Data-driven insights about your people can sharpen performance

Data-driven insights about your people

We’ve never before had such a rich variety of data available to help HR practitioners make the right decisions. Decisions can, and are, now being made using robust evidence rather than intuition and established best practice.

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Partner, People Powered Performance

KPMG LLP (UK)

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Data-driven insights about your people can sharpen performance

Decisions can, and are, now being made using robust evidence rather than intuition and established best practice.

I’m not outlining something new when I write HR leaders have had their value and credibility questioned among peers – mainly because of a perceived or actual overreliance on instinct when making decisions. However, research released in April by KPMG, and conducted by the Economist Intelligence Unit, shows that one in five C-Suite executives (19%) think their HR strategy doesn’t currently take into account hard data relating to their business or staff.

The report, Evidence-Based HR: The Bridge Between your People and Delivering Business Strategy (PDF 1.5 MB), also shows that HR leaders are failing to prove the value of their work in the context of wider business, with another one in five C-Suite executives (21%) surveyed stating they can’t see tangible correlations between the HR function and business outcomes.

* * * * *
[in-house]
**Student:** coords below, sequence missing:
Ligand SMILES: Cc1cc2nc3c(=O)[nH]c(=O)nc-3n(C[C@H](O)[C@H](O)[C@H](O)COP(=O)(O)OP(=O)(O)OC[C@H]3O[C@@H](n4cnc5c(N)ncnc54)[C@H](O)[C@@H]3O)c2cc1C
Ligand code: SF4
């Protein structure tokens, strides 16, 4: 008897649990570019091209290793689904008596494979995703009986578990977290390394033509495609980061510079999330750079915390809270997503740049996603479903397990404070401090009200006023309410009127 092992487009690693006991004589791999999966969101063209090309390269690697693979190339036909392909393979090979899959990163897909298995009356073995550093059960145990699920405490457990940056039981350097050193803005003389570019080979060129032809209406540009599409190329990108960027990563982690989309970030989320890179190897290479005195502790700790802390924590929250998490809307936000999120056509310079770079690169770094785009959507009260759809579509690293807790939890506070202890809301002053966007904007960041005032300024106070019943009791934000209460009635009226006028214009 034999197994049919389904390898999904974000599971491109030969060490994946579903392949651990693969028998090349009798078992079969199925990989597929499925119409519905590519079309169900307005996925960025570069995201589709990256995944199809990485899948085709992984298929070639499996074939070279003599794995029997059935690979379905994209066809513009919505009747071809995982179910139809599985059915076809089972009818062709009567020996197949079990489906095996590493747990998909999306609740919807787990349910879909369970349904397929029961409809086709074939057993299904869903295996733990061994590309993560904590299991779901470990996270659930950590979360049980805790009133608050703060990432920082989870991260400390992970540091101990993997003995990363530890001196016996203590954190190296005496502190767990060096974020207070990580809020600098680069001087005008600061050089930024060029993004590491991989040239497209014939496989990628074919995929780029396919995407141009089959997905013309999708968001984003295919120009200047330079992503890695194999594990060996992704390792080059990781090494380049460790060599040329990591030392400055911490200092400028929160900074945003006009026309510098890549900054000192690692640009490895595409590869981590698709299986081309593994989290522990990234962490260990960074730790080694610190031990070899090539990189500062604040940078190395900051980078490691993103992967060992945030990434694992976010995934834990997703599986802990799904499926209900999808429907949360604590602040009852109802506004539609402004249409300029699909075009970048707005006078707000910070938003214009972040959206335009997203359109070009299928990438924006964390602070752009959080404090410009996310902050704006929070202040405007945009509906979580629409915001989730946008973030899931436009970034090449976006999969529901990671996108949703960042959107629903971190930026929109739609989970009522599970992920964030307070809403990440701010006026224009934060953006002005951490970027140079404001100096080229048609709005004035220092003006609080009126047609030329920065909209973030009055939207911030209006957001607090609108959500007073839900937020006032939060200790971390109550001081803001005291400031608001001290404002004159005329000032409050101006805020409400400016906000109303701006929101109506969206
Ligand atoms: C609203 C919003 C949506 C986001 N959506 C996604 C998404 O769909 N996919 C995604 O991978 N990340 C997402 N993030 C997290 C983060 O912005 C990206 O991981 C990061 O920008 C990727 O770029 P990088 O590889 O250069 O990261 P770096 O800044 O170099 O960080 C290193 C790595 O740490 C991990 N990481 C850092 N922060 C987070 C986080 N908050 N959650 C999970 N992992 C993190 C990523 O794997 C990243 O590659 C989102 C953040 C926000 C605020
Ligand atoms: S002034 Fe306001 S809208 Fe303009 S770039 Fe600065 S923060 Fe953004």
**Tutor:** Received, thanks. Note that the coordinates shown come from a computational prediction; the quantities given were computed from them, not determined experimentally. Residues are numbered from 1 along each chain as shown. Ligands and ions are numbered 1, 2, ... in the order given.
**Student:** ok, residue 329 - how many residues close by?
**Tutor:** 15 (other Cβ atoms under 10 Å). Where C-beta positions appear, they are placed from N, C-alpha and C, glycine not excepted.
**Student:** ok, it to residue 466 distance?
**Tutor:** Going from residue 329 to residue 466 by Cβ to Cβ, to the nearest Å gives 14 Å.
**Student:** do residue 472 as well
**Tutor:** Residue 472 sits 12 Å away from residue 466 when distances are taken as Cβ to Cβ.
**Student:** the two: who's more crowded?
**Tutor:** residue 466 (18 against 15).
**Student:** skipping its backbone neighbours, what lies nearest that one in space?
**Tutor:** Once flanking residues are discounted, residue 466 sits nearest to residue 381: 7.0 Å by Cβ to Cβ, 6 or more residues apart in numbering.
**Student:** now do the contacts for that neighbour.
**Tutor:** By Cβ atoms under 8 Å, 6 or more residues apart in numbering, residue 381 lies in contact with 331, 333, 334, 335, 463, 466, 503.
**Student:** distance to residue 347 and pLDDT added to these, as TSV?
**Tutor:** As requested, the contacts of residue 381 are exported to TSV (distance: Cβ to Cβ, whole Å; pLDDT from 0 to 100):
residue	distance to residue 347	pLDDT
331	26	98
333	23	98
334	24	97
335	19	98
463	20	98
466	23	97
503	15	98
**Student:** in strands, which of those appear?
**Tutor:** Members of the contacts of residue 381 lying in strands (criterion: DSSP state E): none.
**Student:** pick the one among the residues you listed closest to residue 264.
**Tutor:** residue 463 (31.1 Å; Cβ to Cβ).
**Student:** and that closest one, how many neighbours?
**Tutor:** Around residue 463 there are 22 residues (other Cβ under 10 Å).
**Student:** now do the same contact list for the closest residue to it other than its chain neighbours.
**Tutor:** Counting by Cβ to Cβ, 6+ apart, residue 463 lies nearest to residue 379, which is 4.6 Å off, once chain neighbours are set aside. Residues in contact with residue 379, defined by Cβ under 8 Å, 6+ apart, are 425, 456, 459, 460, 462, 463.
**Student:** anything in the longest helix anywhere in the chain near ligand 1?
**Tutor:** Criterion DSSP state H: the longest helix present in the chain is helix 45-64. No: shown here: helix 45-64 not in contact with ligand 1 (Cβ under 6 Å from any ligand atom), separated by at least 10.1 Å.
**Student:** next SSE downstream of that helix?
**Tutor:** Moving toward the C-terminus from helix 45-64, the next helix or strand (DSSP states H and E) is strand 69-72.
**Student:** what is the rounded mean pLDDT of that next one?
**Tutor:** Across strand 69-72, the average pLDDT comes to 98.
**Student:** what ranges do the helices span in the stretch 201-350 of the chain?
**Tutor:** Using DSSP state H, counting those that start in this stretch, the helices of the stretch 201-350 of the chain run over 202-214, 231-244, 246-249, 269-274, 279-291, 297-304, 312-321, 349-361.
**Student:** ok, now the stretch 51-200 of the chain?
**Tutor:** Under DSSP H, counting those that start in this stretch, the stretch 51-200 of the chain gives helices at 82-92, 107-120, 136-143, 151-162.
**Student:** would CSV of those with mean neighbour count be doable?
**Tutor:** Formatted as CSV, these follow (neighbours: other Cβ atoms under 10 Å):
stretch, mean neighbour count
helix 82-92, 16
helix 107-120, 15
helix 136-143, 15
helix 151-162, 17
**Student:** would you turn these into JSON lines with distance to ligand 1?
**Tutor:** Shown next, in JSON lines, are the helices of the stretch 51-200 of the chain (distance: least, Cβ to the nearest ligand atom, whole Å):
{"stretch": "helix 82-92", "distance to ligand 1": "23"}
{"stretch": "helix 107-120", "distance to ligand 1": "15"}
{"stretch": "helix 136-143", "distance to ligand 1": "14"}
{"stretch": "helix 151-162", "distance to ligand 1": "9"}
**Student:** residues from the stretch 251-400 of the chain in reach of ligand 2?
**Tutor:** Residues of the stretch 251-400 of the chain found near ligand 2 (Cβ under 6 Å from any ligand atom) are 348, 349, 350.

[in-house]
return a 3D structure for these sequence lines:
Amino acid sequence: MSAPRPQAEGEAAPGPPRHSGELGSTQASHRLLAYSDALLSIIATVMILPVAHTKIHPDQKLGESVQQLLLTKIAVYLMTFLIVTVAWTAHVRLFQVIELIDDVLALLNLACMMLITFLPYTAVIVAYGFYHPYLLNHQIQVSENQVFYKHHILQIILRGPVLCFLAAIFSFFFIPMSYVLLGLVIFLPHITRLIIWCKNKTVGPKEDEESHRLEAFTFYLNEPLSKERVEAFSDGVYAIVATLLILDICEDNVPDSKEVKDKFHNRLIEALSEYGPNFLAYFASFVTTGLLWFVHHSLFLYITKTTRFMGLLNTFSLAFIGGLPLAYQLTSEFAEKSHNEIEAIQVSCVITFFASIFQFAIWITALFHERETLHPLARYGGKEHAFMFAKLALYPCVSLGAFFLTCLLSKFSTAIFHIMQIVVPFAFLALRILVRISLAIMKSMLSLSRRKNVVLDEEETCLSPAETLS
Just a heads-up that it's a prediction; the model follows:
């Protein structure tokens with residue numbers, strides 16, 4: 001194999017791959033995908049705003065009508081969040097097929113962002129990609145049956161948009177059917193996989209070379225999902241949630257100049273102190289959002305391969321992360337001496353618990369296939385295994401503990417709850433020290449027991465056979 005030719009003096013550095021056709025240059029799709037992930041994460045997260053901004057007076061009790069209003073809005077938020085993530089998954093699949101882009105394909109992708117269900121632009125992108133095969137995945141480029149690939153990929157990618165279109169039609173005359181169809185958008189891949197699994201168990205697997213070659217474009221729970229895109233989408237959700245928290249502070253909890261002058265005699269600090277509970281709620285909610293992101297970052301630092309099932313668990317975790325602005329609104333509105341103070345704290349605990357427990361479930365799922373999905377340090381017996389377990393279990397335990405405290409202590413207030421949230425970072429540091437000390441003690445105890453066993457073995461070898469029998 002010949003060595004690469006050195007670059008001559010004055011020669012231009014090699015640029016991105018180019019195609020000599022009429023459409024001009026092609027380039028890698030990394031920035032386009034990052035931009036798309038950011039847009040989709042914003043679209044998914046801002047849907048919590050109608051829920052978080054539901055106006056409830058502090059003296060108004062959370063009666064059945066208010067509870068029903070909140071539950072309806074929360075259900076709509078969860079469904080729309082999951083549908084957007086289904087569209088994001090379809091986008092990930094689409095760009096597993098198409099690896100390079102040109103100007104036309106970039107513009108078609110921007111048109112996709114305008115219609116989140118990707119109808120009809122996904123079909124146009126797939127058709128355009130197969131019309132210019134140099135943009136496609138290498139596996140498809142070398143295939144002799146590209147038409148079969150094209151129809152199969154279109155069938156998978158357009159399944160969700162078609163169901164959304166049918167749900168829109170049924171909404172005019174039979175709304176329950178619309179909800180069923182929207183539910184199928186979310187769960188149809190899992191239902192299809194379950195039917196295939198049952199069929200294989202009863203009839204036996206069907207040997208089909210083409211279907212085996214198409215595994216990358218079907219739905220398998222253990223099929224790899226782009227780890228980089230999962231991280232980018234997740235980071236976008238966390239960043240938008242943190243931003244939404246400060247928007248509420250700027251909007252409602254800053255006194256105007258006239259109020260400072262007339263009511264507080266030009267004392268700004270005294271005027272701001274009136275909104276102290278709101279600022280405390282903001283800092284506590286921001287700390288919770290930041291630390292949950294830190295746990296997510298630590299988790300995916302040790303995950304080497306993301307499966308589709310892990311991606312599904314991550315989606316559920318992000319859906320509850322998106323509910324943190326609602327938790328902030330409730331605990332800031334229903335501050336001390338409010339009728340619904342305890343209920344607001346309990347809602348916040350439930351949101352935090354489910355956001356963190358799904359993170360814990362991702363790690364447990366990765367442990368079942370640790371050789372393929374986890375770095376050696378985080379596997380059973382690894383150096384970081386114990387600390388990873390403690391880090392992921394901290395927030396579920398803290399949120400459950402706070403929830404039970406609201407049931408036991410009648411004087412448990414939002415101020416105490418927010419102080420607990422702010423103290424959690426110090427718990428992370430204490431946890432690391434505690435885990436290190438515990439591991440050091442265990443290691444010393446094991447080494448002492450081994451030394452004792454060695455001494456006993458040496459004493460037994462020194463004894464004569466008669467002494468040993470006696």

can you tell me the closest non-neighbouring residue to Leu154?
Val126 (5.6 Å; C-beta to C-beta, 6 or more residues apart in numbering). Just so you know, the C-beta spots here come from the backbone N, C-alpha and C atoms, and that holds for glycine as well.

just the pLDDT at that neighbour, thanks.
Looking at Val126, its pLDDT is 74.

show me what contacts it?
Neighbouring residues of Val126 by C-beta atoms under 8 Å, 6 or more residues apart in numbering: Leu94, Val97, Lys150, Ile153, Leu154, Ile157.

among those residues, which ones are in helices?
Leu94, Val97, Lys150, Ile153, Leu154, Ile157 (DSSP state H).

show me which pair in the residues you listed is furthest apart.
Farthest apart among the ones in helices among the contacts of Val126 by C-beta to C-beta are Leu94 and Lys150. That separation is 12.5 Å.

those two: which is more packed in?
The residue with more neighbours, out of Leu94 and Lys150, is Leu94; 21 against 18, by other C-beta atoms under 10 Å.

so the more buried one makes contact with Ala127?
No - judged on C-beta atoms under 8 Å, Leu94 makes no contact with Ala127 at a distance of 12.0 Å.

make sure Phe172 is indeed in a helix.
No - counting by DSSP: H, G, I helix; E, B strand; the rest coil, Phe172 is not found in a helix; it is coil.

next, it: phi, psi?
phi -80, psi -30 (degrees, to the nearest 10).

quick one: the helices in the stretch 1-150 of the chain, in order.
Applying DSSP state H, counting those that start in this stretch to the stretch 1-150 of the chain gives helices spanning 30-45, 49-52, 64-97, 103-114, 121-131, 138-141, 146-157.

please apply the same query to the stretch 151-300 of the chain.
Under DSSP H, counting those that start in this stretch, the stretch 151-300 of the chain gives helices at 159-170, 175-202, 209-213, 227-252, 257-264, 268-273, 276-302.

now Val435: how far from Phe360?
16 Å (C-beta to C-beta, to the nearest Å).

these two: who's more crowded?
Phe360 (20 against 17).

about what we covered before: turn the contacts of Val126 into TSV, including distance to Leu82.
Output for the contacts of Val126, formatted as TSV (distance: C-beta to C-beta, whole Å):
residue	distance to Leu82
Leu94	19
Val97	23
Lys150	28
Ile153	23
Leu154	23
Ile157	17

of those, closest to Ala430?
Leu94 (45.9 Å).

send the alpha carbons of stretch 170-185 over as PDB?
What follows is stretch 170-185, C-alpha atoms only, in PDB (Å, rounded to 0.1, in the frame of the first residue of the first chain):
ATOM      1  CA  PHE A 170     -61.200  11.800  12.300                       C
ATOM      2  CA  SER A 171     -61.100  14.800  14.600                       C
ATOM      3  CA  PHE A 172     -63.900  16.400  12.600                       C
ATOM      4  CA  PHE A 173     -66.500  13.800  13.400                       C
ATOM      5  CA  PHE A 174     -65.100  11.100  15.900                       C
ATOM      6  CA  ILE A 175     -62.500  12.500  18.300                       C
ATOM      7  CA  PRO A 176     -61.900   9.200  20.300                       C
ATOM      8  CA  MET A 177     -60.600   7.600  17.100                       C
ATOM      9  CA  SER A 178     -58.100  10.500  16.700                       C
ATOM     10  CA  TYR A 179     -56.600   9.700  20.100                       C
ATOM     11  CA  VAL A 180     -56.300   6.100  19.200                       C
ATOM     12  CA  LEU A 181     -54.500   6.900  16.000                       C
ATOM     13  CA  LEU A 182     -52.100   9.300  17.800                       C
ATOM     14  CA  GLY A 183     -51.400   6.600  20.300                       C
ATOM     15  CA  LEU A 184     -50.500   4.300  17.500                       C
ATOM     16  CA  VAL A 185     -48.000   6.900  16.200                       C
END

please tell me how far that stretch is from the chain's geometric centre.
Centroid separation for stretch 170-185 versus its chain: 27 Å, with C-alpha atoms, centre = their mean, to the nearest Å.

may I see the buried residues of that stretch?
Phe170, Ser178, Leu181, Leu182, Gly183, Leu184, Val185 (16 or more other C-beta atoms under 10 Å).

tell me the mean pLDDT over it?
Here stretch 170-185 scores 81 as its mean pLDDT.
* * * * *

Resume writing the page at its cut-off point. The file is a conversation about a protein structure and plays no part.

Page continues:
CEOs are grappling with people-related issues such as regulatory change, increasing customer requirements, talent and the demands of the workforce. My view is that the HR function has a massive opportunity to redefine the value it adds to the delivery of business objectives.

Only a minority of organisations currently employ advanced analytics or other big data tools in their HR functions. Although many expect to adopt a more evidence-based approach in the coming years, HR leaders will need to ensure they have the required skills to handle analytics. This may require hiring more data-literate professionals in people management roles, as well as ensuring existing staff are capable of communicating the business relevance of their findings to senior leaders.

Admittedly, the management of people will never be an exact science, but I think HR leaders can and should create a better line of sight between what they do and how business objectives are met. Over the next five years, HR practitioners will need to embrace a more evidence-based approach to their work in order to achieve the best results and convince the wider business people management can play in integral part in success - especially because other parts of their businesses are already working in this way.

This article represents the views of the author only, and does not necessarily represent the views or professional advice of KPMG in the UK.

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